The retrenchment comes as utilities are counting on solar power plants and wind farms to come online in the next two years to help them meet mandates to obtain a growing percentage of the electricity they sell from renewable sources. In California, for instance, PG&E, Southern California Edison (EIX) and San Diego Gas & Electric (SRE) have signed more than four gigawatts’ worth of contracts for electricity to be produced by large-scale solar power stations that will cost billions to build.

Solar startups rely on a provision that allows them to take a 30% tax credit on the cost of building a power plant. Now most of these companies are startups and have no way to use those tax credits as they’re not profitable. Instead, a solar company must essentially trade the tax credits to a firm that can use them in exchange for cash to finance construction. But investors in these deals have all but disappeared as the financial crisis takes its toll. Which is why solar and wind lobbyists are pushing Congress to make the tax credits “refundable” – meaning those companies that don’t have tax liabilities can trade the credits for cash that can be used to finance power plants. “Due to the recession, projects are now being put on hold, factories are closing and workers face potential layoffs unless Congress refines the tax credits now so they work as originally intended,” said Solar Energy Industries Association CEO Rhone Resch in a statement.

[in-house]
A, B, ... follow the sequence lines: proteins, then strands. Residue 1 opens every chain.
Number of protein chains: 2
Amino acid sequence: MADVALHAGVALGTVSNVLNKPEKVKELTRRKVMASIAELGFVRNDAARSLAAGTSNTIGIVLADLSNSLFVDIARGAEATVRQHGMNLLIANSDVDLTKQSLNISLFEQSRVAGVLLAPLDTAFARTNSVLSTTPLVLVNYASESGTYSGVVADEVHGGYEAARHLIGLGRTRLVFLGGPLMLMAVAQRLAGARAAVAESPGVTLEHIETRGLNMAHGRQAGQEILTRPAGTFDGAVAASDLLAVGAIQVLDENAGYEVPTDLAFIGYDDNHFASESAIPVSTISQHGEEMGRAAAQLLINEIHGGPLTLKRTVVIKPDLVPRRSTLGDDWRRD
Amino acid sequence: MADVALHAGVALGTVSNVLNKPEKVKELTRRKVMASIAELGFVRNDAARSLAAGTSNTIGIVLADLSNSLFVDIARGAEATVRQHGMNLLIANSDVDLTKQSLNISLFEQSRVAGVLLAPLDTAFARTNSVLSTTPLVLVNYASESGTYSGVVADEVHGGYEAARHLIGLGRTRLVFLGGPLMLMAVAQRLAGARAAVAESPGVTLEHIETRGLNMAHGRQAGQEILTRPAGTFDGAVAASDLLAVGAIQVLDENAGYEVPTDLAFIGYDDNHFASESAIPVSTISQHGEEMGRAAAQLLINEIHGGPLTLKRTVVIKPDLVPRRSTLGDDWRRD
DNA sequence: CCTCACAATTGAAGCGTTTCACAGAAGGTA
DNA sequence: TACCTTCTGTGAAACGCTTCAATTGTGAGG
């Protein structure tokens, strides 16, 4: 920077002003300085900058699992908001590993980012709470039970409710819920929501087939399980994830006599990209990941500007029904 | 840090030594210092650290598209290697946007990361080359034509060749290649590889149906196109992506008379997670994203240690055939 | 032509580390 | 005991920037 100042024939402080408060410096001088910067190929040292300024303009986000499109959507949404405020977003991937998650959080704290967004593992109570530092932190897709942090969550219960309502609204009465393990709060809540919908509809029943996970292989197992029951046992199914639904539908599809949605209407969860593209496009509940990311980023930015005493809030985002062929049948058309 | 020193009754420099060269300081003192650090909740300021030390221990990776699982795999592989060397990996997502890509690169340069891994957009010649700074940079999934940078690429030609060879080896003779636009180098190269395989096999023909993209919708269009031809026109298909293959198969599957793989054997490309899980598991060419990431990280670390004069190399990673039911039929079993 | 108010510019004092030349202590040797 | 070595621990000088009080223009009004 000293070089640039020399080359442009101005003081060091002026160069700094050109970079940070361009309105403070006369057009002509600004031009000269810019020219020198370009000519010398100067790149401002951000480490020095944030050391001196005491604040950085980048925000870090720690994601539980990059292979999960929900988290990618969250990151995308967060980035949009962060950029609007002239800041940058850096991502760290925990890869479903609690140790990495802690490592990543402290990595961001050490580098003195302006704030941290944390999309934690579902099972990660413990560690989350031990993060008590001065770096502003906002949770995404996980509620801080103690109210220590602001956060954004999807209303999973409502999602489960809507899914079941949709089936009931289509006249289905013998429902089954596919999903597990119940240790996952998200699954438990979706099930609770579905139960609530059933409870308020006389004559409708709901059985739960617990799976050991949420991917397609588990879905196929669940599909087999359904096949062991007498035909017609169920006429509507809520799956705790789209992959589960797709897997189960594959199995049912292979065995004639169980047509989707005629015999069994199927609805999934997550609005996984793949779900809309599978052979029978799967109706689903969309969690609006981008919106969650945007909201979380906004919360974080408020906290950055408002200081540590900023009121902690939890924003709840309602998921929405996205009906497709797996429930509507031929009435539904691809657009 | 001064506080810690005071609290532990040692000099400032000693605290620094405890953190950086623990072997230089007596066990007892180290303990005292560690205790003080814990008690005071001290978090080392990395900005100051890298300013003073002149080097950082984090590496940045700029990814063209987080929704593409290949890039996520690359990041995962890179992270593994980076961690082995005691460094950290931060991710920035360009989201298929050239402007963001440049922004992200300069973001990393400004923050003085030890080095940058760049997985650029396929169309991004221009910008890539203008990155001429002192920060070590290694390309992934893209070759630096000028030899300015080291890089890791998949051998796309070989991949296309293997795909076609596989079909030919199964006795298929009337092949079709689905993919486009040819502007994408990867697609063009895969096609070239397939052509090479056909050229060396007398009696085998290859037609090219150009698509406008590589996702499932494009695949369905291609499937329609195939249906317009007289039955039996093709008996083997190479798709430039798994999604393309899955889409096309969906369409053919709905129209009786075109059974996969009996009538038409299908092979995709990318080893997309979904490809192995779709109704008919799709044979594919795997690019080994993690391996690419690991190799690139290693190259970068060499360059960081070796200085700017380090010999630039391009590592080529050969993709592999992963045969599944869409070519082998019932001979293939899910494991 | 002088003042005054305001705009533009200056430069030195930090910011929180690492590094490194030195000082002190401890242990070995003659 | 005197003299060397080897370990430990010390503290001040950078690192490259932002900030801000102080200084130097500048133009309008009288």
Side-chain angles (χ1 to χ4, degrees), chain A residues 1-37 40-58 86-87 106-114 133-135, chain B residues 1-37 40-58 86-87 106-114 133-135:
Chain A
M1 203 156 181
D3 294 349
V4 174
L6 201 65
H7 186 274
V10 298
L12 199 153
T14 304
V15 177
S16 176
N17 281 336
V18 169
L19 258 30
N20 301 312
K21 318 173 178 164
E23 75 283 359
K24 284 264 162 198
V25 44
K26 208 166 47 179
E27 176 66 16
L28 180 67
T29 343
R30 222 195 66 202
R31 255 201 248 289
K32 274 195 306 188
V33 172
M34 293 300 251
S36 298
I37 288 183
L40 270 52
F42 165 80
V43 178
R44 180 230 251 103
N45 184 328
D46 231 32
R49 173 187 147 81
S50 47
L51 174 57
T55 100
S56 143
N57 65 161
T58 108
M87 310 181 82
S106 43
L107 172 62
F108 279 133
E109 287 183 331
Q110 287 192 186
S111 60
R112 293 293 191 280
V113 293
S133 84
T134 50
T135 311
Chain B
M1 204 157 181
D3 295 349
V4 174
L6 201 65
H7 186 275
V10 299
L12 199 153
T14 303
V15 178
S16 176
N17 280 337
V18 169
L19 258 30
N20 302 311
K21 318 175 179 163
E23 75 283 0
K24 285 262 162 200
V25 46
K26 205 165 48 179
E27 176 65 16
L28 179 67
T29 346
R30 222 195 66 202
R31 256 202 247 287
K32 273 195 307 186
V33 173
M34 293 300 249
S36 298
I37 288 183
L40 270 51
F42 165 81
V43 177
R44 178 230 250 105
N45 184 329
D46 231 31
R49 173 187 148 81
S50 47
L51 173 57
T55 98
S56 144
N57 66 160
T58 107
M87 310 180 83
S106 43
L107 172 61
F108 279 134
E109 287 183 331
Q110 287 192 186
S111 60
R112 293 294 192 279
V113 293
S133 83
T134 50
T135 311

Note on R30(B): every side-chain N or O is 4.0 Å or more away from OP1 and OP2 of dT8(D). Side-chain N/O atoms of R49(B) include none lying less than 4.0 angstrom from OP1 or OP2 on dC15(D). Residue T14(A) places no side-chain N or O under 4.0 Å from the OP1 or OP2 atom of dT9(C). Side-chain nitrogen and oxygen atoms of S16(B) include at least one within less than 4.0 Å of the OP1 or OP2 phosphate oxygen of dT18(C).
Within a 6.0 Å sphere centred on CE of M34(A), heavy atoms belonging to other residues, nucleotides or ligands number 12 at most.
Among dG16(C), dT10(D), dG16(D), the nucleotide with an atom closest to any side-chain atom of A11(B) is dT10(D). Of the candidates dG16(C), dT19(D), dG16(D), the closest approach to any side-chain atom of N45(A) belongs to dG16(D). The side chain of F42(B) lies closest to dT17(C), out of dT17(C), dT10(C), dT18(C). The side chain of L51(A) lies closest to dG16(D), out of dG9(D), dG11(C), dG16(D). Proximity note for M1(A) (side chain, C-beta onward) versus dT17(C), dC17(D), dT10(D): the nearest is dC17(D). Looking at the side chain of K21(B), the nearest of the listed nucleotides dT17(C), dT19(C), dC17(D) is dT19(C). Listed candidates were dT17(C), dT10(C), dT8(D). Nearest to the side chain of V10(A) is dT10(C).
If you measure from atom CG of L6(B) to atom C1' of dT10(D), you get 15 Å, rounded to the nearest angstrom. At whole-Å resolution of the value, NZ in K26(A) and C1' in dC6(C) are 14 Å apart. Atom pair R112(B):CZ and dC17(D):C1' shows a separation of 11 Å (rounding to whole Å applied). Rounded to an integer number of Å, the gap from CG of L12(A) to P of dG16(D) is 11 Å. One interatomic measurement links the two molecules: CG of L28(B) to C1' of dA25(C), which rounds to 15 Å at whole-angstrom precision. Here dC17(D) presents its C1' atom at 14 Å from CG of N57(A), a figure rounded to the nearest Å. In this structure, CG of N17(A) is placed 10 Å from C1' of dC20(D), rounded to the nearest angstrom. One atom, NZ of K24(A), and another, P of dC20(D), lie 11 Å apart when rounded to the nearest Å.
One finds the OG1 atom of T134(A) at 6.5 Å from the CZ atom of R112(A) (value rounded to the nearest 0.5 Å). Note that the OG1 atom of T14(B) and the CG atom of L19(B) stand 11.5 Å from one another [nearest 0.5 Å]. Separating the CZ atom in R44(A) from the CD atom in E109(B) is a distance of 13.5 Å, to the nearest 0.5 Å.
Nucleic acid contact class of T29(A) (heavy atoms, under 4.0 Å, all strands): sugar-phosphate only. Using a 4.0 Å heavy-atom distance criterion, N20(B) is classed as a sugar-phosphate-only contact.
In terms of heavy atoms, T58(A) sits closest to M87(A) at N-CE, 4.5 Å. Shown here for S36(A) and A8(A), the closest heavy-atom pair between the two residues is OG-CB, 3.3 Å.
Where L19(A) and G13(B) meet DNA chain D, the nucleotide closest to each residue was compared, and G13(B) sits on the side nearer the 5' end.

The stimulus package unveiled Thursday undoubtedly will be subject to change, but as written it will boost efforts to modernize and digitize the United States’ aging analog power grid. The bill includes:

  • $11 billion for smart grid research and development, pilot projects and the construction of new transmission lines to connect green energy power plants to the power grid. The government will fund 50% of the cost of utilities’ smart grid investments.
  • $8 billion in loan guarantees for renewable energy transmission projects.
  • $6.9 billion in grants to state and local governments for energy efficiency and carbon reduction programs.
  • $6.7 billion for renovation of federal buildings, of which $6 billion must be used for energy efficiency retrofits.
  • $6.2 billion for home weatherization programs for low-income families.
  • $2.5 billion for energy efficiency retrofits of public housing.
  • $2.4 billion for carbon sequestration – so-called clean coal – demonstration projects.
  • $2 billion for energy efficiency and renewable energy research (which includes $800 million for biomass and $400 million for geothermal research).
  • $2 billion in loan guarantees and grants for advanced vehicle battery research.

The smart grid billions will be a boon to companies like Silver Spring Networks, Gridpoint and eMeter that develop software to allow utilities to monitor and manage electricity use in real-time and provide that data to their customers.  “We think 2009 is going to be a good year for us,” eMeter president Larsh M. Johnson told Green Wombat last month. “We’ve seen continued demand from utilities for our services.”

But the billions for the smart grid can be considered a down payment: According to an estimate by research firm New Energy Finance, the price tag for modernizing the power grid over the next 15 years will be $450 billion.

Read Full Post »